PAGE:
New view of
North America Nebula
DR EMILY BALDWIN
Posted: 11 February 2011
More than 2,000 candidate stars have been detected in the North America Nebula thanks to the infrared eyes of the Spitzer Space Telescope.
Previously only 200 young stars were known to exist in the nebula – which takes its name from the shape of the continent of North America, complete with the Gulf of Mexico – because newborn stars are swathed in blankets of dust that are hidden in visible light images. Thanks to Spitzer's penetrating infrared eyes, it can pierce these dusty cloaks to reveal the locations of new star-forming regions.
The changing face of the North America Nebula, here seen in visible light (top left), visible and infrared (top right), infrared (bottom left) and infrared with multiband imaging (bottom right). Dust clouds in the visible image become transparent in Spitzer's infrared views. Image: NASA/JPL-Caltech/L. Rebull (SSC/Caltech).
“One of the things that makes me so excited about this image is how different it is from the visible image, and how much more we can see in the infrared than in the visible,” says Luisa Rebull of NASA’s Spitzer Science Center, and lead author of a paper about the observations, which will appear in the Astrophysical Journal Supplement Series. “The Spitzer image reveals a wealth of detail about the dust and the young stars here.”
As a star forms inside a collapsing ball of gas and dust, material flattens out into a disc that spins around the forming star, with jets of material bursting out above and below the disc. Planets may form within the dusty disc before it disperses. Examples of all stages of a young star's life can be tracked in Spitzer's view.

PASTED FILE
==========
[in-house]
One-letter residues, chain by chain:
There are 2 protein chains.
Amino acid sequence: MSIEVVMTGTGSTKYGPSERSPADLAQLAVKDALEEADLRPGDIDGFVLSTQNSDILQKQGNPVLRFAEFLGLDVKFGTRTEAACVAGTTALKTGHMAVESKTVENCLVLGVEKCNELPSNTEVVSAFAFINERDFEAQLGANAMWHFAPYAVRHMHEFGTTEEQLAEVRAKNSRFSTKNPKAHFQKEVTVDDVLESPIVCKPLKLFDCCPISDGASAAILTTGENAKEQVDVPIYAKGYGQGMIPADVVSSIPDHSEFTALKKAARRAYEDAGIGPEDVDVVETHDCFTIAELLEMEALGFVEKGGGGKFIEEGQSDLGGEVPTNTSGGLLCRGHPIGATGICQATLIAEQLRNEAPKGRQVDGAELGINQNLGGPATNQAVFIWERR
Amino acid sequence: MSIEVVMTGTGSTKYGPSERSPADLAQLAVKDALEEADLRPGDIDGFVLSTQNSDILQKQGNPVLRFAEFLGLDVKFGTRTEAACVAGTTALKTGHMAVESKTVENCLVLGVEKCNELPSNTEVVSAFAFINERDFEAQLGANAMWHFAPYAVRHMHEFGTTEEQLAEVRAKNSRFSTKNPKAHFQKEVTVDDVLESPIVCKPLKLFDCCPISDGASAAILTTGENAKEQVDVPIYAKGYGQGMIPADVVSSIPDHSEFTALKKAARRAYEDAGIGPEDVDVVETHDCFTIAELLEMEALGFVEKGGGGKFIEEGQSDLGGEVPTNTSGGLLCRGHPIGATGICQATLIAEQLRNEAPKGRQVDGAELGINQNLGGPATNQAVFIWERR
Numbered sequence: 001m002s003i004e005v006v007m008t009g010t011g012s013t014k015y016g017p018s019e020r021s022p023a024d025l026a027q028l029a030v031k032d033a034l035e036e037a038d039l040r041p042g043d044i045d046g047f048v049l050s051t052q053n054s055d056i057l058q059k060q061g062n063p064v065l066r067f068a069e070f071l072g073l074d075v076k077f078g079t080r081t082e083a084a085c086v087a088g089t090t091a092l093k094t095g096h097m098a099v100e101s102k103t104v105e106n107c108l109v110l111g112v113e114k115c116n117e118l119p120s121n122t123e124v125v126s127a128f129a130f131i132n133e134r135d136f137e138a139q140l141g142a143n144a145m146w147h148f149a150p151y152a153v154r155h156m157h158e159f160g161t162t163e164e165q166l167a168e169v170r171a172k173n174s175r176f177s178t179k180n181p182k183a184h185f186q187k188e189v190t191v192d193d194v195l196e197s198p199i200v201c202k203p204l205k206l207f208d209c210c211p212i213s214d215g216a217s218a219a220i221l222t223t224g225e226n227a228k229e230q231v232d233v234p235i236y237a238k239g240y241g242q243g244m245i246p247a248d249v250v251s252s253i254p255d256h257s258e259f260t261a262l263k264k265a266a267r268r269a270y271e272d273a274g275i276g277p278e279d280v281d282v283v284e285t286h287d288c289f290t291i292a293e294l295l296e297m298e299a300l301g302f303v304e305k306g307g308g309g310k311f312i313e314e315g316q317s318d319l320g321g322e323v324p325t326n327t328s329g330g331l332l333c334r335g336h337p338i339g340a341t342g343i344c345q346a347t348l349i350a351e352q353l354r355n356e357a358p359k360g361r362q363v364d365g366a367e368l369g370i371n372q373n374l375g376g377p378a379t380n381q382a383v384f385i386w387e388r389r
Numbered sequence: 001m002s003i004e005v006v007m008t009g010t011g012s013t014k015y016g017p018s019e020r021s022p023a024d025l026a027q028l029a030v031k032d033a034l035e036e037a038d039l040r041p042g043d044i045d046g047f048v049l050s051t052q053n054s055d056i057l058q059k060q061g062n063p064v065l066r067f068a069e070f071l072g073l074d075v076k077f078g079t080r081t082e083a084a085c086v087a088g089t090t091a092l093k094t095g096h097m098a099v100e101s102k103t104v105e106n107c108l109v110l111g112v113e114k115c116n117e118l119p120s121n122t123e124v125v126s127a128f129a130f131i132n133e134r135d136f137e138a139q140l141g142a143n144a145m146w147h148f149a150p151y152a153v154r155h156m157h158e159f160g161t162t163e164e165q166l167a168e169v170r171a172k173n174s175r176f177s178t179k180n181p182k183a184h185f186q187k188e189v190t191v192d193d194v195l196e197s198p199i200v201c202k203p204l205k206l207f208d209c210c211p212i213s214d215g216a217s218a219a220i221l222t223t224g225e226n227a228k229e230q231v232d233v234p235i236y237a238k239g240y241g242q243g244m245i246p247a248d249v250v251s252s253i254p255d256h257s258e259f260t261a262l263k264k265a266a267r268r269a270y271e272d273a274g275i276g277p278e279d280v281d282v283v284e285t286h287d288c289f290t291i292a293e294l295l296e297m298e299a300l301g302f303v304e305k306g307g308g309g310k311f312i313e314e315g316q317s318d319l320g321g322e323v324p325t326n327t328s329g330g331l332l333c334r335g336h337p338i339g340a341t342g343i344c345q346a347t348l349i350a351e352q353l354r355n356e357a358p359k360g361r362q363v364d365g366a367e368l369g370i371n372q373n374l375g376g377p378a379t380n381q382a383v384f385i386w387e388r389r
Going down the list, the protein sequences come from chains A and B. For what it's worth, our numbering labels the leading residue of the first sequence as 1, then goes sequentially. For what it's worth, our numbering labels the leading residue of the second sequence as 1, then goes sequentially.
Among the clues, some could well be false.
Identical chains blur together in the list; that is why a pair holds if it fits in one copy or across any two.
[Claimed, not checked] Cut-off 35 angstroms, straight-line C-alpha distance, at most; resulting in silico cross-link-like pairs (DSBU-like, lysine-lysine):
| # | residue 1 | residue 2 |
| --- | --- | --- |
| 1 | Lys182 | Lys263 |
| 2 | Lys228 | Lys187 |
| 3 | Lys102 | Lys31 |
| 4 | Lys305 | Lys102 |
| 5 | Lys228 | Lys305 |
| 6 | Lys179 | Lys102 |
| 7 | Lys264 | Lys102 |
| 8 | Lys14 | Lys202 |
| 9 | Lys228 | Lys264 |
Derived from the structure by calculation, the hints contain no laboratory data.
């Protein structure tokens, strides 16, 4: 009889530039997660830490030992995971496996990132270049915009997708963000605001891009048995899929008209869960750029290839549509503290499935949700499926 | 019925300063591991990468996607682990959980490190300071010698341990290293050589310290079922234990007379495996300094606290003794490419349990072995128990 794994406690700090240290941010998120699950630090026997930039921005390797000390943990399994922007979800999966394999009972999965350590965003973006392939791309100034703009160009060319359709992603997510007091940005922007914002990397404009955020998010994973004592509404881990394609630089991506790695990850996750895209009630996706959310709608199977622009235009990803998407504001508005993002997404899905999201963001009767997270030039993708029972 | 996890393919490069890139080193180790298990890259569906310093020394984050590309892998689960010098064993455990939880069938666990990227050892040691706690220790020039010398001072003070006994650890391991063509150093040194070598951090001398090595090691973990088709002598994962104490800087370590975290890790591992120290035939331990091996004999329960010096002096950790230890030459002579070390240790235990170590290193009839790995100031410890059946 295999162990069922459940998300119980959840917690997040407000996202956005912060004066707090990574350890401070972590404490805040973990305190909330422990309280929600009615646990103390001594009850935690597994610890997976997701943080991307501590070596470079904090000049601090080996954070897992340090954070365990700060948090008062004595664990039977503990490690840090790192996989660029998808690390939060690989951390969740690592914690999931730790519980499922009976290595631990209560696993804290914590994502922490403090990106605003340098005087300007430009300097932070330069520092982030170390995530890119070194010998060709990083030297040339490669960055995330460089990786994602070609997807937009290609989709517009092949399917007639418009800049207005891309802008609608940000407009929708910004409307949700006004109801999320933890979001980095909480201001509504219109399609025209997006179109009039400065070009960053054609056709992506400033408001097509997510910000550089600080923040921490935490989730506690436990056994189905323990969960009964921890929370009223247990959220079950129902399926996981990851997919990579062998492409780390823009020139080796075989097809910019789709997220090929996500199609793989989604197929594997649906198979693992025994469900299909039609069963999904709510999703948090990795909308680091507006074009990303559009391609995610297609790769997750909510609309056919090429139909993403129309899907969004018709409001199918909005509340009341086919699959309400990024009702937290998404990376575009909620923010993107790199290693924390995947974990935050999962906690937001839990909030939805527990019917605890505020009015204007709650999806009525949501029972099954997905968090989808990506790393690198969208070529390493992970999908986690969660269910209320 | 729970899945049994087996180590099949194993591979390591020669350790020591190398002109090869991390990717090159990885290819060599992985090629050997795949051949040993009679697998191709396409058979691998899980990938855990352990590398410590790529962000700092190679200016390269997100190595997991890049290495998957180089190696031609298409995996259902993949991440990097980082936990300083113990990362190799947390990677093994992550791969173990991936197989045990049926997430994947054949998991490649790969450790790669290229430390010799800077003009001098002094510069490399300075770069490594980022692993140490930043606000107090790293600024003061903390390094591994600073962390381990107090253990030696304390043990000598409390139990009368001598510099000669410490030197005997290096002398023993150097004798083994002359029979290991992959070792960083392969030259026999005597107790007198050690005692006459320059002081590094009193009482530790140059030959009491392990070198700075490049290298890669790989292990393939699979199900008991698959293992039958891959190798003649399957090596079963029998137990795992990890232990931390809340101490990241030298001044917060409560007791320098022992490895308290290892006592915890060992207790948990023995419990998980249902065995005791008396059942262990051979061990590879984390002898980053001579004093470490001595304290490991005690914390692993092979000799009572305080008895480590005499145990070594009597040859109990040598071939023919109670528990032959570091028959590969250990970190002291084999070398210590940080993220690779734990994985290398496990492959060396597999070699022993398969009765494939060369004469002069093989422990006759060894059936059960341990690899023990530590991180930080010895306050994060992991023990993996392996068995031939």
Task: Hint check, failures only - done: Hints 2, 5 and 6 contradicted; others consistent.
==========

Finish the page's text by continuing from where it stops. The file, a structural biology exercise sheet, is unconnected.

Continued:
The latest view of the North America Nebula from Spitzer, which contains data from both its infrared array camera and multiband imaging photometer. Light with a wavelength of 3.6 microns has been colour-coded blue; 4.5-micron light is blue-green; 5.8-micron and 8.0-micron light are green; and 24-micron light is red. Image: NASA/JPL-Caltech/L. Rebull (SSC/Caltech).
“This is a really busy area to image, with stars everywhere, from the North America complex itself, as well as in front of and behind the region,” says Rebull. “We refer to the stars that are not associated with the region as contamination. With Spitzer, we can easily sort this contamination out and clearly distinguish between the young stars in the complex and the older ones that are unrelated.”
A group of massive stars is thought to be powering the nebula, but as yet remain unidentified. The new Spitzer images hint that these 'missing' stars could be lurking behind the Gulf of Mexico portion of the nebula, their illumination spilling out from behind the dark clouds there. Further observations will help solve this mystery, as well as refining the distance to the nebula itself, which is currently estimated as around 1,800 light years from Earth.
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